When No Fun Records packed up operations in South America in 2003 and resettled in Ann Arbor, the garage-heavy label couldn’t have picked a more fertile home turf. With word-slurring rock trailblazers ? and the Mysterians and revolutionaries the Stooges, the Detroit area long ago sparked the engine that powered garage-rock out of the garage and into the American music consciousness. Now, neo-primitives like the White Stripes and Von Bondies are testament to its ongoing vitality here.

But beyond Detroit’s marquee acts, the feature that makes the city a firm bastion for the scene is its thriving underground. And the No Fun label, which just celebrated its 10-year anniversary last Friday with a show at The Blind Pig, has been a major contributor in facilitating that burgeoning subterranean movement.

In an era where litigation-happy, nickel’n’diming media conglomerates dominate the recording world, the notion of a record label steeped in music-first principles seems about as obsolete as the idea of an American president practicing effective international diplomacy. But that’s exactly what No Fun is.

“We pretty much stay away from mainstream sounds, or bands making music for the only purpose of getting radio play, or getting famous,” said Claudia Leo, the label’s vice president and drummer for No Fun mainstays The Avatars and the Coronados. “We don’t have much respect for people who play music for their own egocentric purposes. No posers for us, thank you. We love real rock’n’roll.”

True to its ethos, No Fun has made a point of signing Detroit-area bands, giving them the exposure they deserve. The Cyril Lords, for instance, were favorites on the scene for three years before No Fun put out the group’s excellent debut Motherland in 2005. Another local staple that got its first LP shot with the label is The Hard Lessons, putting out its first record Gasoline that same year. Basically, No Fun doesn’t discriminate if a band knows how to rock.

“We don’t shy away because (a band) might be considered ‘too old’ or ‘has beens’ or whatever,” Leo said.

The two bands Leo plays in are the embodiment of that formula. Both consist of established veterans of the Detroit underground music carousel that are just now combining their powers.

To further infuse the local scene with like-minded artists, the label has retained a large stable of South American artists following relocation. Argentines The Tandooris and Los Gatos Salvajes have been able to put out albums in America and still tour with healthy frequency in their native nation with the label’s support.

Elsewhere on the international front, the roster has even grown to include Greek surf-instrumentalists the Invisible Surfers and Denmark’s sinister The Defectors. Other bands have come from Peru, Brazil and even Finland. Most important, No Fun sells all foreign releases at domestic prices.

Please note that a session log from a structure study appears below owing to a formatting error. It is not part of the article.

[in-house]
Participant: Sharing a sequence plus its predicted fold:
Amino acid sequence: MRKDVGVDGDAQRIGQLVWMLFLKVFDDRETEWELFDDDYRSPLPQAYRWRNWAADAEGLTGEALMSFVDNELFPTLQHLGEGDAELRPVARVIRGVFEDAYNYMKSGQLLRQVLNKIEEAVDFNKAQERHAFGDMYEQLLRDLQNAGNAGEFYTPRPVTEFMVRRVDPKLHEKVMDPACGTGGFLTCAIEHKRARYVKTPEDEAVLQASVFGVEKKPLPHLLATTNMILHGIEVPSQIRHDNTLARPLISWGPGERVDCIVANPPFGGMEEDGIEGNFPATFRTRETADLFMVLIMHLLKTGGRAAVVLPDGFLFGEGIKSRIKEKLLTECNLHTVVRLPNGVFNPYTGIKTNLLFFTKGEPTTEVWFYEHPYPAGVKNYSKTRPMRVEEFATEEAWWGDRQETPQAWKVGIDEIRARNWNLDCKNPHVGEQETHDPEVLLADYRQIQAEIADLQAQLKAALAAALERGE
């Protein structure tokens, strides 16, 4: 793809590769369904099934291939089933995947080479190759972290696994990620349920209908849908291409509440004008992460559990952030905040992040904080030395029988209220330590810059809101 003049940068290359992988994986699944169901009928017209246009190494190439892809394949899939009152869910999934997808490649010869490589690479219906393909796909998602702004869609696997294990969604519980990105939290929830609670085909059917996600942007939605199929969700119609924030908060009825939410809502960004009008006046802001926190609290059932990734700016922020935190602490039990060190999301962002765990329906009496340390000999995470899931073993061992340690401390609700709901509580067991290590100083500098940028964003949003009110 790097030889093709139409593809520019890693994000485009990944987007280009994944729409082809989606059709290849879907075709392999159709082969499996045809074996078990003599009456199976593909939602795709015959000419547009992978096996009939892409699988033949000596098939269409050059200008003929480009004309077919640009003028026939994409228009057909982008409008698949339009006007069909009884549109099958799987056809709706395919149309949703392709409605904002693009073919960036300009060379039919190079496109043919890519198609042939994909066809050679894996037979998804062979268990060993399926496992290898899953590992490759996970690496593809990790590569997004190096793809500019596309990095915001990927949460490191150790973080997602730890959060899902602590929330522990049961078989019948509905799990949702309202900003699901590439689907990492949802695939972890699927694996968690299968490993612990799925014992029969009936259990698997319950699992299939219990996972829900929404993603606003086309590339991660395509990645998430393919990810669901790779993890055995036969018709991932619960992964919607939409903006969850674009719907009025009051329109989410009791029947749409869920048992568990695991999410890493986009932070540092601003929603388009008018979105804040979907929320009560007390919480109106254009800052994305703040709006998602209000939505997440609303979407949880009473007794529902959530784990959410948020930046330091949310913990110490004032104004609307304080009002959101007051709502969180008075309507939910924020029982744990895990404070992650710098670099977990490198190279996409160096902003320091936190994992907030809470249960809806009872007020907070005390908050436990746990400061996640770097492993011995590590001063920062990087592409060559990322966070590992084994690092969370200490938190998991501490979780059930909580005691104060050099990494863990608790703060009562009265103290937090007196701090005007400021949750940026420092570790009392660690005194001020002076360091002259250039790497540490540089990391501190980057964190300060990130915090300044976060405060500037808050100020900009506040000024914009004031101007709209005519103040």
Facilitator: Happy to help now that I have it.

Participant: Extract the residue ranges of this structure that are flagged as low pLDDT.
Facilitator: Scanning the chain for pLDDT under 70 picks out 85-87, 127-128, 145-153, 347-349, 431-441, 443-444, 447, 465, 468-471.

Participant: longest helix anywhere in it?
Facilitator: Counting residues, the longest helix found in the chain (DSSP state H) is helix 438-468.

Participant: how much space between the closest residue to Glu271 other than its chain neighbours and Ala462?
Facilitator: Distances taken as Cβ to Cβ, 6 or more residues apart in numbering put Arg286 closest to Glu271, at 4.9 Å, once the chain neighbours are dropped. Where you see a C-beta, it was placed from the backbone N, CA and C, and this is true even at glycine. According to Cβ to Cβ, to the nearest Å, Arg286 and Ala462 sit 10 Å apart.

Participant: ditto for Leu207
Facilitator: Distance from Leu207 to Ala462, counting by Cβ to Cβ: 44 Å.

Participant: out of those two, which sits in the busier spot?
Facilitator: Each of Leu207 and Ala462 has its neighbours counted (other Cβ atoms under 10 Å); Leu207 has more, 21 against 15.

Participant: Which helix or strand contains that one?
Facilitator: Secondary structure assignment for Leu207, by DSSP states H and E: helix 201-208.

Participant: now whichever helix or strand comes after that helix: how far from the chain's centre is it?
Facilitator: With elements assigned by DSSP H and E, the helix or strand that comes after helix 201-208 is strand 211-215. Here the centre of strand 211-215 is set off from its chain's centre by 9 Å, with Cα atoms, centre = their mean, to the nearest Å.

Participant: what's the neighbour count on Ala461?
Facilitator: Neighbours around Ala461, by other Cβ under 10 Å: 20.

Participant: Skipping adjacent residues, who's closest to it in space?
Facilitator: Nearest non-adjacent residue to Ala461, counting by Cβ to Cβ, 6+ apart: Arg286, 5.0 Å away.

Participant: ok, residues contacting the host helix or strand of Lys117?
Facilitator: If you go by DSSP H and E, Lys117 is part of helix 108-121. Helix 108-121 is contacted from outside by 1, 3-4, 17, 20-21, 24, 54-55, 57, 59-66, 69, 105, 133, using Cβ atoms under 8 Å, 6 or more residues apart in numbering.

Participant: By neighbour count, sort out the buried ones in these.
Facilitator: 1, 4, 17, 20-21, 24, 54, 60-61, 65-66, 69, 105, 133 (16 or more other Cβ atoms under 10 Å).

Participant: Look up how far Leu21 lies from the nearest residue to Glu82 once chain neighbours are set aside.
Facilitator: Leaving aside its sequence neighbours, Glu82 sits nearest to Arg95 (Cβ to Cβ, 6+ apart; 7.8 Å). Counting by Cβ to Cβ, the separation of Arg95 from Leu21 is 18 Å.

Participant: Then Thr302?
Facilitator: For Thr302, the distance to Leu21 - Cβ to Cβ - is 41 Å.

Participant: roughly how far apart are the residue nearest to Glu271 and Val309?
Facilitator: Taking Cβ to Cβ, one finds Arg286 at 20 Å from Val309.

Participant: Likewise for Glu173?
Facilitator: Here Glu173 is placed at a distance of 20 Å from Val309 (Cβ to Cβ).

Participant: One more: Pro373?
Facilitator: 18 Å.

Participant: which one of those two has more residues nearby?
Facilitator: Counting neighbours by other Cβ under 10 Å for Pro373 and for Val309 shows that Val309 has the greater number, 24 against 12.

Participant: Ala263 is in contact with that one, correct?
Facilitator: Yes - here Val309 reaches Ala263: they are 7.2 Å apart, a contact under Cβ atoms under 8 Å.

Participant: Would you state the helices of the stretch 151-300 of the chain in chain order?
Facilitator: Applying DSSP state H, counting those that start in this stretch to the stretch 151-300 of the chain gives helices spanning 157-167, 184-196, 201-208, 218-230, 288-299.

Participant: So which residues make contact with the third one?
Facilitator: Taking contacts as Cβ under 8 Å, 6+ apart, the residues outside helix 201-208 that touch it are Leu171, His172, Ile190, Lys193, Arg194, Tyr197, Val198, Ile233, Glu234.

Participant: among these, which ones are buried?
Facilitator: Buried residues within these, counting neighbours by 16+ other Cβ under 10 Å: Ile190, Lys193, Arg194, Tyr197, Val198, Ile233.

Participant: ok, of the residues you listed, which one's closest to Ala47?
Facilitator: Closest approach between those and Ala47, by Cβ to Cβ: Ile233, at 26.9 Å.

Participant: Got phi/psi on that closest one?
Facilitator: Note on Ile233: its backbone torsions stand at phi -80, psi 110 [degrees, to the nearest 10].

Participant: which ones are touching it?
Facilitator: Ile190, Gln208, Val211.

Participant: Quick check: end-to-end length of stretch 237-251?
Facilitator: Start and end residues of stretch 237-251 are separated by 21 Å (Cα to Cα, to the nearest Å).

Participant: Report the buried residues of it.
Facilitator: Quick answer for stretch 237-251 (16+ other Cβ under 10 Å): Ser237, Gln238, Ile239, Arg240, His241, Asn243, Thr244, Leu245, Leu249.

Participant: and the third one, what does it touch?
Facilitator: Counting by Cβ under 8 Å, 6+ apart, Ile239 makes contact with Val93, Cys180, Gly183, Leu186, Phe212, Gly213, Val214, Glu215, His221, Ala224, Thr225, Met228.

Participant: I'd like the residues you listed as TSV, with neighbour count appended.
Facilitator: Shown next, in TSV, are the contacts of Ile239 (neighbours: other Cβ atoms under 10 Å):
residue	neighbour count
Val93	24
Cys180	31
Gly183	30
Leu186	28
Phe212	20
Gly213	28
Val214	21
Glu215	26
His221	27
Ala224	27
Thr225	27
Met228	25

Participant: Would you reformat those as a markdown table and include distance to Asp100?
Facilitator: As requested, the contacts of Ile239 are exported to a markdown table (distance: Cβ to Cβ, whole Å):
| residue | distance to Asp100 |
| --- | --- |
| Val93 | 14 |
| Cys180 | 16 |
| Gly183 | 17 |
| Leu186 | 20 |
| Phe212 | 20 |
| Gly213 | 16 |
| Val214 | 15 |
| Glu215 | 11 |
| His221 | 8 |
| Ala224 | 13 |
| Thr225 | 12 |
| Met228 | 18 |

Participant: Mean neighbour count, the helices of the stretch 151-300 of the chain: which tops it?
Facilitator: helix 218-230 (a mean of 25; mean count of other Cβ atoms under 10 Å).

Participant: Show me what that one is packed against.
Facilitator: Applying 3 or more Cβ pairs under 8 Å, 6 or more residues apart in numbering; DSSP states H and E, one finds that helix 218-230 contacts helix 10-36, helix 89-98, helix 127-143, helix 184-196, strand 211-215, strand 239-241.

Many of No Fun’s releases are now available on vinyl per audience preference, not only giving the music the analog richness its timbre begs, but also providing the perfect 12-inch canvas to show off a band’s aesthetics. Be it retro new-wave group shots or wannabe posters for an Ed Wood movie, No Fun and its artists match album content with covers to produce records that are a complete artistic package.

Its efforts for artistic authenticity haven’t gone unnoticed by the cult following of fans that share in the enthusiasm for rock as it was meant to be played (Leo described them as the “cultish underground scene fond of nuggets from the past”). No Fun was the only label to sell out its showcase at the Motor City Music Conference. At another anniversary event in Buenos Aires, loyalists traveled from faraway corners of the world like Uruguay, Boston and Switzerland to get their fix of the label’s bands in action.

If No Fun’s mission reflects an obvious apathy for commercial prospects, it isn’t because a lack of business savvy. The label managed to survive the collapse of the Argentine economy in 2001, and then harnessed the effects to strengthen its business there. Successful maneuvers like that have enabled a grassroots, fan-and-band-oriented approach to thrive across two continents for 10 years.

By calling itself No Fun Records, it might seem the label’s attempting to convey its unwavering ideological commitment to its music. But it’s a music label, not a political party, and in this case, living up to that commitment means doing what you love. Bank on the name being underhanded sarcasm. It looks like everyone involved with No Fun is enjoying the ride.

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